New law may reduce costly auto- animal collisions on state roads
By Bob Berwyn
SUMMIT COUNTY — Transportation officials and conservation groups hope that when Gov. Bill Ritter signs a wildlife crossing bill this Wednesday in Vail, it will mark an important step toward reducing the costly carnage on state highways.
Although wildlife-crossing warning signs are already a familiar sight along highways, the new law will enable the Department of Transportation to reduce speed limits and increase fines for speeding in those areas.
I-70 and I-25 were excluded from the final version of the bill, but there are many other zones where the new law should help reduce the number of collisions, saving human and animal lives — and money, by reducing the amount of time state employees spend on removing animal carcasses and dealing with wrecks.
Between 1995 and 2005 there were 30,245 animal-vehicle collisions on Colorado’s roadways, according to the most recent statistics available from the Colorado Department of Transportation. Twenty nine of the crashes resulted in fatalities, 2,505 resulted in injuries and 27,7111 resulted in property damage.
The average cost per collision (based on insurance claims) is $2,800. A national insurance group estimates that the total cost nationally for collisions with deer is about $1.1 billion in vehicle damage.
Most of the collisions (79 percent) are with deer and elk (13 percent). The chances of hitting an animal during the next year are estimated at one in 163. According to the Center for Native Ecosystems, the number of wildlife-vehicle collisions more than doubled between 1998 to 2004.
As biologists have learned more about wildlife movement corridors, there’s also more data on where animals cross roads and highways. That information will improve this summer, as teams of citizen scientists work near highways to document wildlife movements by looking for tracks and installing motion-activated cameras, said Bethany Gravell, director of the Center for Native Ecosystems.
Another part of the effort is a new web site that allows motorists to report animal movements along the I-70 corridor. The web site aims to educate drivers about the risk of wildlife on the highway and to gather public input to help identify where wildlife frequently tries to cross the roadway.
“We know a lot about where animals are getting killed in collisions, but we don’t know as much about where they might be crossing successfully,” Paige Bonaker, a biologist with the Center for Native Ecosystems, said in a previous interview.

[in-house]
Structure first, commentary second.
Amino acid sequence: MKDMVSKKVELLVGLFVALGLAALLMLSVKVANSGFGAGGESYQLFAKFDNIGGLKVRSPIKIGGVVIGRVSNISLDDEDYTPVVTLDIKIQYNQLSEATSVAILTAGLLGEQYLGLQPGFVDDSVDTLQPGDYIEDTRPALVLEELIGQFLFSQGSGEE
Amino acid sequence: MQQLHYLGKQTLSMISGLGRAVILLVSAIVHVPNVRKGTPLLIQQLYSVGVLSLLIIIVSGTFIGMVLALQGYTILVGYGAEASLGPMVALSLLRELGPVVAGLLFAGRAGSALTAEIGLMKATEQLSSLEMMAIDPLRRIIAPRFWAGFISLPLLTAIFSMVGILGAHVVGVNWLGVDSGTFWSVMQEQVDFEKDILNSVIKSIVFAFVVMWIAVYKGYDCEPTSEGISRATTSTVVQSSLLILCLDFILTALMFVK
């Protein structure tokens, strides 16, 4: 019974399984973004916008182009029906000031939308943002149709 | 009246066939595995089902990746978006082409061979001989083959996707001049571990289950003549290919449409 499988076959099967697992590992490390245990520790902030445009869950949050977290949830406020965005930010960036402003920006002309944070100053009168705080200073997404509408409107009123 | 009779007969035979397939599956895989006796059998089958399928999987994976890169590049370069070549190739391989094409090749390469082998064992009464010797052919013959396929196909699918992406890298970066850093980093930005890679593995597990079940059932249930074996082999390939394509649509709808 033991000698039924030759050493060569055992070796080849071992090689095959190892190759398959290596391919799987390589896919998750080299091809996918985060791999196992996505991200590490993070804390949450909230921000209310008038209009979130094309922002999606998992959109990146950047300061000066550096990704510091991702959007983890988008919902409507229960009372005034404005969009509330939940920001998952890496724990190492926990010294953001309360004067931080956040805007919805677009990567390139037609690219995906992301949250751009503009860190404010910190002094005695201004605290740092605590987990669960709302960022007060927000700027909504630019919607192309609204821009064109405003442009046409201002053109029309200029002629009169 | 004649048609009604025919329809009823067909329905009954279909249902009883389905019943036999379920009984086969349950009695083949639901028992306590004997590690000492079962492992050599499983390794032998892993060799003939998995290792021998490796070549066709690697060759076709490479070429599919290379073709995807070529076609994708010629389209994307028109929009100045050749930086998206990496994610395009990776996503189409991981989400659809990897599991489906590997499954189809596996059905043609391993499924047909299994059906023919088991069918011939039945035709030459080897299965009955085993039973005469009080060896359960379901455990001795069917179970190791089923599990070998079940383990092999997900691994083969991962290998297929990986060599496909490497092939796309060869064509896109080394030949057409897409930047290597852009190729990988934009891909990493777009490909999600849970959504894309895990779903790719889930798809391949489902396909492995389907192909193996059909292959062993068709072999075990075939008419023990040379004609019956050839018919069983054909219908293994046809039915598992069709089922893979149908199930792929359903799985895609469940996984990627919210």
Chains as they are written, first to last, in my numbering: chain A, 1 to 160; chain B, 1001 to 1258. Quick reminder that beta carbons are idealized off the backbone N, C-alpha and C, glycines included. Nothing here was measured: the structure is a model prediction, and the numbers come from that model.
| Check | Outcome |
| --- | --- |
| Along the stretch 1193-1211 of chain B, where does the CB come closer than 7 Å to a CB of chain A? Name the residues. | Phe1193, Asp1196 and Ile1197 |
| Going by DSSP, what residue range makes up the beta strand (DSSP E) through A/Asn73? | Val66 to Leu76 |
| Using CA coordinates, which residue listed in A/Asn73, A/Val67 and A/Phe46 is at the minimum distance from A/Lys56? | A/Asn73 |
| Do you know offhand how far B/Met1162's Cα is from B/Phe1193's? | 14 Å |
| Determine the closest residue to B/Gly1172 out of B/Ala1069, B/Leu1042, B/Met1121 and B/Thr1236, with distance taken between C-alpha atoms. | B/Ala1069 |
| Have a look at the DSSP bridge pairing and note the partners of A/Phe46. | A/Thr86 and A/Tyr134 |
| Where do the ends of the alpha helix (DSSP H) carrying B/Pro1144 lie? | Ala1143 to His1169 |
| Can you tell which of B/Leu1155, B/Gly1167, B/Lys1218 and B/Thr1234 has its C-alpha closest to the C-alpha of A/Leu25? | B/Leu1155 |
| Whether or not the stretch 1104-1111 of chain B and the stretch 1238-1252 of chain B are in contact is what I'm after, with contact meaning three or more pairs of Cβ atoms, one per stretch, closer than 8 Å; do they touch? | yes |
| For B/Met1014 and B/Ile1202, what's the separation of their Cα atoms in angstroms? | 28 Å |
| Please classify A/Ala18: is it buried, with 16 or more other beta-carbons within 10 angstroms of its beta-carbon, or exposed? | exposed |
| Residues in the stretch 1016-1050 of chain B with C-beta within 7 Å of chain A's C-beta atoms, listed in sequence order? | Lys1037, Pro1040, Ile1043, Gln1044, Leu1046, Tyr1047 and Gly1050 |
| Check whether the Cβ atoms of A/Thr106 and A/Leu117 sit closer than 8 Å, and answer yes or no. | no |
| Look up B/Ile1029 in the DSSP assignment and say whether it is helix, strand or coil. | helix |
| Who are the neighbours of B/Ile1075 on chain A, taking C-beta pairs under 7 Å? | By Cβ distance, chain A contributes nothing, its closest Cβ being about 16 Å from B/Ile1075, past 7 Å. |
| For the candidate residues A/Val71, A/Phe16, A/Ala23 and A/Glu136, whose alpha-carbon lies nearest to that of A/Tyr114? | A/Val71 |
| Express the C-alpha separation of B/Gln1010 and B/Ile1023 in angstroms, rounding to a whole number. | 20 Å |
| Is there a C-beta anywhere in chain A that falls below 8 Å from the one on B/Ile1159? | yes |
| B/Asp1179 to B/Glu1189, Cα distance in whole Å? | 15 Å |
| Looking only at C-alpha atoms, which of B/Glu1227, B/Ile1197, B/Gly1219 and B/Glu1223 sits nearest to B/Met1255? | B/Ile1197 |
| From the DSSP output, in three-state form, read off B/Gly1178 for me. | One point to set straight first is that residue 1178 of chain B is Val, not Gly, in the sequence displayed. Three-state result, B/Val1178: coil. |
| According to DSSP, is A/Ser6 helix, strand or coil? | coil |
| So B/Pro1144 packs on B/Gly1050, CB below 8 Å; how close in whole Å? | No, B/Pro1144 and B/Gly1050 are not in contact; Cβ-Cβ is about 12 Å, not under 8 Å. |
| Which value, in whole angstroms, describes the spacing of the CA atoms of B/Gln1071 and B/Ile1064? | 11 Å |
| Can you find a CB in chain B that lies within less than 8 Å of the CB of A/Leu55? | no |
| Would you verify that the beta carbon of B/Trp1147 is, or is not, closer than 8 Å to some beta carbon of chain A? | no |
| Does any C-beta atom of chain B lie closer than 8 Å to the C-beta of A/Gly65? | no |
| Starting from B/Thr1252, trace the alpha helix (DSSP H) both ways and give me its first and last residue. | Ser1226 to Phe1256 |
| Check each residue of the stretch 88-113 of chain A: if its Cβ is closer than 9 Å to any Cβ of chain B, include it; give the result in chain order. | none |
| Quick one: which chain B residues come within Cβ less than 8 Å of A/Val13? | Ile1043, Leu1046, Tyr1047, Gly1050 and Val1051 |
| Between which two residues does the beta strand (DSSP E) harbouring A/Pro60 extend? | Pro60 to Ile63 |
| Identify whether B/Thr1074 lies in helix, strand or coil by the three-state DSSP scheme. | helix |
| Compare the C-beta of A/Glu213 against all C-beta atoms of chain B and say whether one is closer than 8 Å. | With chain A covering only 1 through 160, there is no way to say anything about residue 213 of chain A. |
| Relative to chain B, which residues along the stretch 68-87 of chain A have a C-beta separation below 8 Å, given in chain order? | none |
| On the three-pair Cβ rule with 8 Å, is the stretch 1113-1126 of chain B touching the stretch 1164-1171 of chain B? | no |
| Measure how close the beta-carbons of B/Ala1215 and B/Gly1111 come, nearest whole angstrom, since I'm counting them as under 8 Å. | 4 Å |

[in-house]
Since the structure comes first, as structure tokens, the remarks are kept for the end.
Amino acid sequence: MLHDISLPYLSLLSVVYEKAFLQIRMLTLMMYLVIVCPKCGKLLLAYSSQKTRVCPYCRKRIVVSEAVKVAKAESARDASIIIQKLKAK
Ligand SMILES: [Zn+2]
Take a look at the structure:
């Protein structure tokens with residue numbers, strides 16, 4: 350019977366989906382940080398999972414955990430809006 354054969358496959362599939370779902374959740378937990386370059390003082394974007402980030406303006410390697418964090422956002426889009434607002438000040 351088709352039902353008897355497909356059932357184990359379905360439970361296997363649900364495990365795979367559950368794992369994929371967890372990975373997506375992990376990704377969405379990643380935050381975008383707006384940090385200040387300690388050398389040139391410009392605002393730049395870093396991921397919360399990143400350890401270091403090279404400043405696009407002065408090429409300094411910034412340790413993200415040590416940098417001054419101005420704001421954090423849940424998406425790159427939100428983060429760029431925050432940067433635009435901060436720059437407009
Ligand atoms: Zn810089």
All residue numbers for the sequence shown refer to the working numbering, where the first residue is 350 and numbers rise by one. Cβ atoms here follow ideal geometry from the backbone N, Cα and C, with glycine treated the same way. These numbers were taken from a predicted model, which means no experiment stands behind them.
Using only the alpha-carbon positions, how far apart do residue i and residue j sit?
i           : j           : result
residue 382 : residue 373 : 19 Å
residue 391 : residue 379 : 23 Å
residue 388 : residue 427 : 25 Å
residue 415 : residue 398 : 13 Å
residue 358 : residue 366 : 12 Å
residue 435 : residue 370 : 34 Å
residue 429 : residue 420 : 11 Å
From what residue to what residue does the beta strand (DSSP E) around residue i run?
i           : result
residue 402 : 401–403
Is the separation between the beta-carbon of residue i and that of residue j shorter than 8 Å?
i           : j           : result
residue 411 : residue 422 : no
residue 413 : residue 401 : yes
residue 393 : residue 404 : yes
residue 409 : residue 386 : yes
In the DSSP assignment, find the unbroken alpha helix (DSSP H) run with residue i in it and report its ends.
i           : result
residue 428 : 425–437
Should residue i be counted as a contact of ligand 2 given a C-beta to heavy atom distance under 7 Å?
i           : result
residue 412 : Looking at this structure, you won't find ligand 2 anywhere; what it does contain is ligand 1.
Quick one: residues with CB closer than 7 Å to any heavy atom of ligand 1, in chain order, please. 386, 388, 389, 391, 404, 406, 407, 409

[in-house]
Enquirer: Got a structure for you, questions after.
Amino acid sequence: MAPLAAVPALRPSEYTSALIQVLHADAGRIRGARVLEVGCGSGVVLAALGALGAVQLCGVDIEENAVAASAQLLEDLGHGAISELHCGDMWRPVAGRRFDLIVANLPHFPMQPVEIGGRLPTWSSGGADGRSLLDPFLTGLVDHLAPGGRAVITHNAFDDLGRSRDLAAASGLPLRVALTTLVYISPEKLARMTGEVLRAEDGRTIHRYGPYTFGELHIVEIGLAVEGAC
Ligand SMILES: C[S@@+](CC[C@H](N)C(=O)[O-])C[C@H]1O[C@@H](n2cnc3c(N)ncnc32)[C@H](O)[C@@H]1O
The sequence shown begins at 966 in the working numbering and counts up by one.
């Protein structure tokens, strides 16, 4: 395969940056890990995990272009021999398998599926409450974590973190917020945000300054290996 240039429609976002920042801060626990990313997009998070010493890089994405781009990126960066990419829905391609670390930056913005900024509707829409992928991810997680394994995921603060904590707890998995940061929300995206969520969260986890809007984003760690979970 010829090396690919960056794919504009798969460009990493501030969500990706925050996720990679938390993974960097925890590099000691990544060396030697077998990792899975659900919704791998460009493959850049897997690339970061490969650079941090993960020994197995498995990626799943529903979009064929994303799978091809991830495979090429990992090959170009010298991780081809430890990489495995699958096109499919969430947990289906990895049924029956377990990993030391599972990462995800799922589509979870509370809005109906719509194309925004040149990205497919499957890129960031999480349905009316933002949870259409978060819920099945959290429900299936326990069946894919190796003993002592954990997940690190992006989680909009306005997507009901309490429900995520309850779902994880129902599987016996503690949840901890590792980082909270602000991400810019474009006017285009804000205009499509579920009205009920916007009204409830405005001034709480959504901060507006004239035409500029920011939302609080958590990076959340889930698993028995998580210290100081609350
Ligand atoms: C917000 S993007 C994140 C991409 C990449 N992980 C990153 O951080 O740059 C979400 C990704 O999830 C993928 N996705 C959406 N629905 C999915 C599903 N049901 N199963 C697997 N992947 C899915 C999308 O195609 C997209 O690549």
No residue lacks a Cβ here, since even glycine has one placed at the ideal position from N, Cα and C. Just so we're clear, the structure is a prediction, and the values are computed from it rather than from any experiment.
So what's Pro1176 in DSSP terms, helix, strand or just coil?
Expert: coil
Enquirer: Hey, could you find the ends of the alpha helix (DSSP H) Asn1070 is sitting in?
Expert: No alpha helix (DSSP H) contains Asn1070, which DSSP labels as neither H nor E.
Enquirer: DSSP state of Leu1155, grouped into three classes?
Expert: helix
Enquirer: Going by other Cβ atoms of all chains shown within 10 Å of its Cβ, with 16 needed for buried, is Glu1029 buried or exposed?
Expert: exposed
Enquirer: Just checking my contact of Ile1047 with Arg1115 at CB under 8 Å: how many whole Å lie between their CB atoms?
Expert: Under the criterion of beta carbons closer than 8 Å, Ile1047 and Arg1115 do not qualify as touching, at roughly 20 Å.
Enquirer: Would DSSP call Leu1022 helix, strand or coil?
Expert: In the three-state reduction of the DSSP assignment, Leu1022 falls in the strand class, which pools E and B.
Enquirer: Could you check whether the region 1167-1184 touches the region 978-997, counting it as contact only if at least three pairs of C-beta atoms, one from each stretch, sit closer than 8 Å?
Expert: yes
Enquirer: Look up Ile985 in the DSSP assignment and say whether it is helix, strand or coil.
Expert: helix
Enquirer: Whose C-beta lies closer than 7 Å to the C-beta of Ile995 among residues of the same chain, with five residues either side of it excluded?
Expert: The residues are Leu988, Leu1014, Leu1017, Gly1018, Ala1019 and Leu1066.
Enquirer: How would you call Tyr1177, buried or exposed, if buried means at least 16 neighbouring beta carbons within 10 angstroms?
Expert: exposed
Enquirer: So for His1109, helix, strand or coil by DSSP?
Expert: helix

Ultimately, wildlife biologists and the Colorado Department of Transportation will review wildlife sightings reported on the website to help design and locate wildlife crossing structures that will reduce animal-vehicle collisions.
In Colorado, a study by the Southern Rockies Ecosystem Project, funded by the Federal Highway Administration, identified the following locations as being extremely hazardous for drivers and wildlife:
• I-70 at Floyd Hill/Mt. Vernon Canyon • US 285 at Morrison • HWY 160, Durango to Pagosa Springs and Durango to Mancos • HWY 550, North of Durango and Montrose to Ouray • I-25 Castle Rock to Larkspur • HWY 82 Glenwood Springs to Marble • HWY 36 Boulder to Lyons • I-70 Eagle
Driver Safety Tips: • Stay Alert. Avoid driving with other distractions. • Slow Down to increase your reaction time. • Scan Ahead and watch for movement along roadsides. • Look for more animals after you see one animal – they often travel in groups. • Brake. Don’t Swerve. • Be ready for animals to change direction. • Don’t litter – it attracts animals. • Obey traffic signs, including wildlife warning and speed limit signs. • Don’t drink and drive. • At Night: • Watch for shining eyes. • Use high beams to improve visibility when there’s no oncoming traffic. • Slow down on blind curves. • Pass with care.
If You hit an Animal * If you cannot stop in time, unfortunate as it may be, it is usually safer to hit the animal than to swerve. Swerving may land you in the path of another car or off the road in a ditch. * Pull over and call the State Patrol (dial *CSP from your cell phone in Colorado) or local law enforcement to report the accident. If the animal is still on the roadway, they can safely remove it. * If the animal is still alive, it may be dangerous for you to leave your vehicle. * If you vehicle is unsafe to operate or you are injured, stay in your car and wait for help. * Call your insurance agent at your earliest opportunity. If you carry optional comprehensive coverage it will cover damage caused by a collision with an animal.